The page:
Londoner’s Diary: ‘Build new parliament and turn Westminster into part of V&A’

·3-min read
Andrew Adonis (Andrew Adonis)
Andrew Adonis (Andrew Adonis)

THE Houses of Parliament in Westminster should not be refurbished, but instead transformed into “one of the most phenomenal tourist attractions in the world” as part of the V&A Museum, Lord Adonis tells us.

A new parliament should be built in either Birmingham or Manchester, he argues, as the projected cost

of restoration work for the Westminster site is estimated to be heading towards £14 billion. It may also take 20 years to complete. “Once people understand that and these facts get out into the public domain,” Lord Adonis tells us, “I think a debate will be unstoppable about whether it’s better to build a completely new building and treat the Palace of Westminster as a very distinguished and historic museum.”

He went on: “I’m not pretending that I’m surrounded at the moment by well-wishers”, but added he had seen stranger things happen. A bold plan.

Ding-dong! XR’s on your doorstep

Extinction Rebellion  march through the streets of London (AFP via Getty Images)
Extinction Rebellion march through the streets of London (AFP via Getty Images)

EXTINCTION REBELLION have had a tricky couple of years, but they’re planning for a “much bigger” year in 2022. And that might involve seeing them up close and personal at your front door. On their website the group promise more of their well-known “mass participation civil disobedience campaigns” but also say they will get back to their roots after the pandemic pushed them towards smaller events. Now they plan to roll out “a nationwide programme of door-to-door canvassing, talks, training”. Will door-knocks help or hinder their campaign to wrest back control of the news from coronavirus?

Hari turns focus back on critic

Johann Hari (Getty Images for Politicon)
Johann Hari (Getty Images for Politicon)

JOHANN Hari has hit back after writer and broadcaster Dr Matthew Sweet accused Hari’s new book Stolen Focus, which is about the impact of technology on attention spans, of “exaggeration” and “cherry-picking”. Author Hari, above, insists Sweet has been “persuaded by the scientists who argue that there is no attention crisis”.

“There’s a huge scientific debate about attention and focus, and I interviewed over 200 of the leading experts on this question. I was persuaded by the many distinguished scientists who argue that we are currently facing a serious attention crisis.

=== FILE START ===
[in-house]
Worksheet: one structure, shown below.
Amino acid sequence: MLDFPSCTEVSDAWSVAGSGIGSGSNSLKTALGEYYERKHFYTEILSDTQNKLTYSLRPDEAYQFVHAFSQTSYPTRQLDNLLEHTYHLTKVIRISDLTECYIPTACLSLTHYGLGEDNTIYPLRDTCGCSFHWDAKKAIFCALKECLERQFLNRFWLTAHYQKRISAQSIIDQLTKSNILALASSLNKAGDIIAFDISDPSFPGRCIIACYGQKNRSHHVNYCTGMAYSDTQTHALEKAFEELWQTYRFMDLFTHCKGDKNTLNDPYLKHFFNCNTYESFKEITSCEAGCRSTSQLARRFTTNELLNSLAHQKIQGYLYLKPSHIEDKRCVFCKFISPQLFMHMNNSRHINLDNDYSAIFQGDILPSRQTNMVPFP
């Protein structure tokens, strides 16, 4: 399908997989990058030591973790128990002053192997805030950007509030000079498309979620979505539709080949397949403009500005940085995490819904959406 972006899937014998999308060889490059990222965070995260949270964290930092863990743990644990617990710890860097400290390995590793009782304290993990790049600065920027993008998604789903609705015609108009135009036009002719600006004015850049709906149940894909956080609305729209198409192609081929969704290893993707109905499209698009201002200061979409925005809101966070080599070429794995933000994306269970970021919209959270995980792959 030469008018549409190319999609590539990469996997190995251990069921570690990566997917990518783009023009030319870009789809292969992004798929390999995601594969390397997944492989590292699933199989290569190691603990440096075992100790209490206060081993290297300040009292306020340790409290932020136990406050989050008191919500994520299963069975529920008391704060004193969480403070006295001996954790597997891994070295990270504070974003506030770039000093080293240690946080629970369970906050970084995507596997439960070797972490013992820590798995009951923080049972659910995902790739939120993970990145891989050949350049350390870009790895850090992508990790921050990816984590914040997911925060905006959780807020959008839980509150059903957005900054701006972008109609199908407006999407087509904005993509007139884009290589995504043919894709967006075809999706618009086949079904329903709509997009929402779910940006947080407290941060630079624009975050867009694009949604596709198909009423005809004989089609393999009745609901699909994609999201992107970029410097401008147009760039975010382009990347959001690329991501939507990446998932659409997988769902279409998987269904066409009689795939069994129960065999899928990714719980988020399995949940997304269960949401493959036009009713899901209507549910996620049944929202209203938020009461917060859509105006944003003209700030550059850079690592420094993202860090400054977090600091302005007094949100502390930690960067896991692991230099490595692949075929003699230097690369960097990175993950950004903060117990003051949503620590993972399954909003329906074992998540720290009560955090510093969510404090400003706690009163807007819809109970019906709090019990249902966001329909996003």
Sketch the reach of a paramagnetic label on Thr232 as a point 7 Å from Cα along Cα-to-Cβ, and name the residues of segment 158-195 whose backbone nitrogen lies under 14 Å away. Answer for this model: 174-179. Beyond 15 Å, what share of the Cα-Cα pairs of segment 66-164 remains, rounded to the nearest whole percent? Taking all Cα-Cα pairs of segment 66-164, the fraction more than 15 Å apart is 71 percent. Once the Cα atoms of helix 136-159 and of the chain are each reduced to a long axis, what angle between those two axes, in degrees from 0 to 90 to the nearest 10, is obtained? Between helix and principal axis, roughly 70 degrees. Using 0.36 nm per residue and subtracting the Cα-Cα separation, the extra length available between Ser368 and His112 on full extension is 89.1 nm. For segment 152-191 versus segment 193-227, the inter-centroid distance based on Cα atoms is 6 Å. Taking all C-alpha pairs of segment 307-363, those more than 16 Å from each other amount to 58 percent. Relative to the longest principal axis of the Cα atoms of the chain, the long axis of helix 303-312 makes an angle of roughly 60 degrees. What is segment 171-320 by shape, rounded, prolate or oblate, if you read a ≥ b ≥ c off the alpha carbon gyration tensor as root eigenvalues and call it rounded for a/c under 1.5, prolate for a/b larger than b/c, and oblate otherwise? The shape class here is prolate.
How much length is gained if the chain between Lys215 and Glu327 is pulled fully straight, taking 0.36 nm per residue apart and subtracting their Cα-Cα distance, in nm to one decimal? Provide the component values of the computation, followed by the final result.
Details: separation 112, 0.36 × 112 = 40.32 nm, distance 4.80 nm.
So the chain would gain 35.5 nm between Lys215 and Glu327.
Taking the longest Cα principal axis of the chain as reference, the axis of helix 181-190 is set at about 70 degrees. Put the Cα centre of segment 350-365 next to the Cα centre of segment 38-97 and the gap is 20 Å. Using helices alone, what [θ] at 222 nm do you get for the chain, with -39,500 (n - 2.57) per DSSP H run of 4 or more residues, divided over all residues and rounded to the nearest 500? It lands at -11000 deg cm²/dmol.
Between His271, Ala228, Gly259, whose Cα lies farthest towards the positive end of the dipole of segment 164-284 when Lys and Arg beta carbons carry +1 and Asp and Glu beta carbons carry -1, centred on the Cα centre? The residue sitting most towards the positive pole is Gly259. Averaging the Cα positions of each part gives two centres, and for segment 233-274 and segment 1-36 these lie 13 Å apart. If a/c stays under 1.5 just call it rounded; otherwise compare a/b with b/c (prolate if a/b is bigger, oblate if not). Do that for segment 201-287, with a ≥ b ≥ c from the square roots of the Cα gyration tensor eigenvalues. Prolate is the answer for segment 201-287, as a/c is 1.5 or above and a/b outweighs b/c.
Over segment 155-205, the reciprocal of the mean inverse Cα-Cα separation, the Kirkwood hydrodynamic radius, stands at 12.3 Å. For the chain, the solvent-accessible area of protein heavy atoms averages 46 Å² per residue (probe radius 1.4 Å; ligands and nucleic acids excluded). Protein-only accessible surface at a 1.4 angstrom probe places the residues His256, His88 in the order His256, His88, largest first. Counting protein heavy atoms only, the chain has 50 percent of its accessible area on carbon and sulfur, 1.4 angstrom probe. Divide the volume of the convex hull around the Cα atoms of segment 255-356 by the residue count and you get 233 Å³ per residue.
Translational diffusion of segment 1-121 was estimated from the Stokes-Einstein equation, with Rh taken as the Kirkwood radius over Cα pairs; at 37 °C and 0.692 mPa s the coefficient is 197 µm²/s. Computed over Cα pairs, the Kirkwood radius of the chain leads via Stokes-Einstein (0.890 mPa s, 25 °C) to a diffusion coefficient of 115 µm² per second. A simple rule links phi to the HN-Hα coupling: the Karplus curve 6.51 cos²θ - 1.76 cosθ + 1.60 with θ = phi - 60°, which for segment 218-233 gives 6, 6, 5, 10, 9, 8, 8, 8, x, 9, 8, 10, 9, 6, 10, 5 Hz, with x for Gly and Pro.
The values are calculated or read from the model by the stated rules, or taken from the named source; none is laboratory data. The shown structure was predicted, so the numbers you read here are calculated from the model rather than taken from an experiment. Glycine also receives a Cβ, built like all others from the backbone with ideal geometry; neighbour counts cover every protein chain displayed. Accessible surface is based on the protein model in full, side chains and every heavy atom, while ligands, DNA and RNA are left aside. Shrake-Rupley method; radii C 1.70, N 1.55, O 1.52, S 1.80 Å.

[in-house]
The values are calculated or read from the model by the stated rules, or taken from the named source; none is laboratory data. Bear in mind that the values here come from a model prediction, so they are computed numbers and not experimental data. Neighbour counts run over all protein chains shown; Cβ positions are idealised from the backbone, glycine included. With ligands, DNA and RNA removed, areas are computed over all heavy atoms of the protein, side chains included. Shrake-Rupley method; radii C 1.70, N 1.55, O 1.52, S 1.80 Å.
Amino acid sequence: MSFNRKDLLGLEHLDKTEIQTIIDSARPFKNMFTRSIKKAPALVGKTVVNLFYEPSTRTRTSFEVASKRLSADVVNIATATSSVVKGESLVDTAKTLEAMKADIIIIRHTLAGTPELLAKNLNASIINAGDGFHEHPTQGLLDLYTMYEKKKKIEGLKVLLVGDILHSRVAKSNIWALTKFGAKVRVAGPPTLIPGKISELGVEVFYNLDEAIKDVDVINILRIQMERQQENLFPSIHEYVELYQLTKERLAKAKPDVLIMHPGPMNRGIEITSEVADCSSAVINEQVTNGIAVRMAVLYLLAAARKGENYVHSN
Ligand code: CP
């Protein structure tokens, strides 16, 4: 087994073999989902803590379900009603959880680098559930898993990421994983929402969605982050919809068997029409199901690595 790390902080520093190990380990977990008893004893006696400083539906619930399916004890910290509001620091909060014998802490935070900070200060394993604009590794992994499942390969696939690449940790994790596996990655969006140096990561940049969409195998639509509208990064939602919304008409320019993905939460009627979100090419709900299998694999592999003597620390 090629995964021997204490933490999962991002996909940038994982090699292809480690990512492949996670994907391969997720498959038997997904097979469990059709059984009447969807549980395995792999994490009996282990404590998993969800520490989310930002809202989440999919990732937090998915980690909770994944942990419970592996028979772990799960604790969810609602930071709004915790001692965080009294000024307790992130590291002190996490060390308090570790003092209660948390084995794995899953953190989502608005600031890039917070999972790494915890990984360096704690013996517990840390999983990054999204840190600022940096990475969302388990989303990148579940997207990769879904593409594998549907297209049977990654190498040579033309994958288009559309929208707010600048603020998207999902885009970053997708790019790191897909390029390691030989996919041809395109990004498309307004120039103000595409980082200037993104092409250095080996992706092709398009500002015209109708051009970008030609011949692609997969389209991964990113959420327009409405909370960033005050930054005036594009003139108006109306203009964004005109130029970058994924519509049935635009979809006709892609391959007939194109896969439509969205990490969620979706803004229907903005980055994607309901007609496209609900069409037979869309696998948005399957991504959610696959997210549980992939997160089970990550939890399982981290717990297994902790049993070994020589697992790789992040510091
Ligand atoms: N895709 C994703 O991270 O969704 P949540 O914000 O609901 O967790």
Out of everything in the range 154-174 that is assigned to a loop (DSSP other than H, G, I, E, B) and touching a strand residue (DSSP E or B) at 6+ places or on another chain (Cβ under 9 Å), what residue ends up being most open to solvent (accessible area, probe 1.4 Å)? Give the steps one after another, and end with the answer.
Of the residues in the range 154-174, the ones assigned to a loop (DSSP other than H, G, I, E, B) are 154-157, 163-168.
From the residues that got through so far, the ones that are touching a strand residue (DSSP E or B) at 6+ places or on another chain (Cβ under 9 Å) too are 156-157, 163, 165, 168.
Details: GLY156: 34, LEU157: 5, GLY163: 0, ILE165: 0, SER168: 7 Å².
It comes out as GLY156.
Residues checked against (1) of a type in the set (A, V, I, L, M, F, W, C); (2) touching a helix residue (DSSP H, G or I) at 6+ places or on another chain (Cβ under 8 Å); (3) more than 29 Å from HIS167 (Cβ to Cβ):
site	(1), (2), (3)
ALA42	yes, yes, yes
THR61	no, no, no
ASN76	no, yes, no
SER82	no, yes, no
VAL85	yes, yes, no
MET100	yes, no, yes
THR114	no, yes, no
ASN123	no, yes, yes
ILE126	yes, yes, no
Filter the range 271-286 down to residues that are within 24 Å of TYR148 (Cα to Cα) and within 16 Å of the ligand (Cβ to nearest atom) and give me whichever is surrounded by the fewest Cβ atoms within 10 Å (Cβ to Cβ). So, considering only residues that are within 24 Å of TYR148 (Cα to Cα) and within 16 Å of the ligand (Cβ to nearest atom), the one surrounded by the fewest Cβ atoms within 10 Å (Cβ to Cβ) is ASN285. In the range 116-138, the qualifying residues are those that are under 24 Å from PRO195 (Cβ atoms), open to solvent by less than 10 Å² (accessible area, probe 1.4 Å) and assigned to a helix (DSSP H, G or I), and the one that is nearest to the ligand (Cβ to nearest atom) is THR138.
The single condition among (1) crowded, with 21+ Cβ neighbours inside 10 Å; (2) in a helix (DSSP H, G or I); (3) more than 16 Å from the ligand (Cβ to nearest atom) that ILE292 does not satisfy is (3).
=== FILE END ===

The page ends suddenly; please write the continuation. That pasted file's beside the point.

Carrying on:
“To name just one cause - we sleep less than we did in the past, and there’s strong scientific evidence that if you sleep less, your attention gets worse. The leading expert on this at Harvard Medical School, Dr Charles Cziesler, told me that even if nothing else had changed, that alone would be causing a serious attention crisis - and that’s not the only change that has happened.

“I engage deeply in the book with the kind of arguments [Matthew Sweet] puts forward, and explain why I was not persuaded by them.”

Yesterday Sweet wrote: “Johann wants us to pay more attention... If we paid more attention, then weak and tendentious arguments with a sprinkle of plausible science would have less traction”.

Sweet also said that he had hoped to challenge Hari in a Radio 4 interview before the latter pulled out.


Diane Morgan, Ricky Gervais and Dame Penelope Wilton (Dave Benett)
Diane Morgan, Ricky Gervais and Dame Penelope Wilton (Dave Benett)

STARS Ricky Gervais, Diane Morgan and Dame Penelope Wilton were interviewed at the Southbank last night for the premiere of season three of Afterlife. Over in Hackney, chef Tom Kerridge was at a screening of the restaurant kitchen drama Boiling Point. One of the film’s stars, Ray Panthaki, and actor Ellise Chappell also made the event.


SIR Steve Webb, a former minister, was once so deep in the virtual world that there was a Lib-Dem conference event called “Steve Webb wrote on my Facebook wall” and he thought his gravestone would read: “He replied to emails.” But now he tells The House magazine he despairs of the “depressing” state of social media. Bring back the more innocent age.


MP Karl McCartney is one of Parliament’s petrolheads, so what did he make of the news this week about an electric Mercedes that can reportedly travel the length of Britain on a single charge? “It might tempt me to try it,” he tells us coolly. It seems green campaigners may have a way to go yet to convert the hard core.

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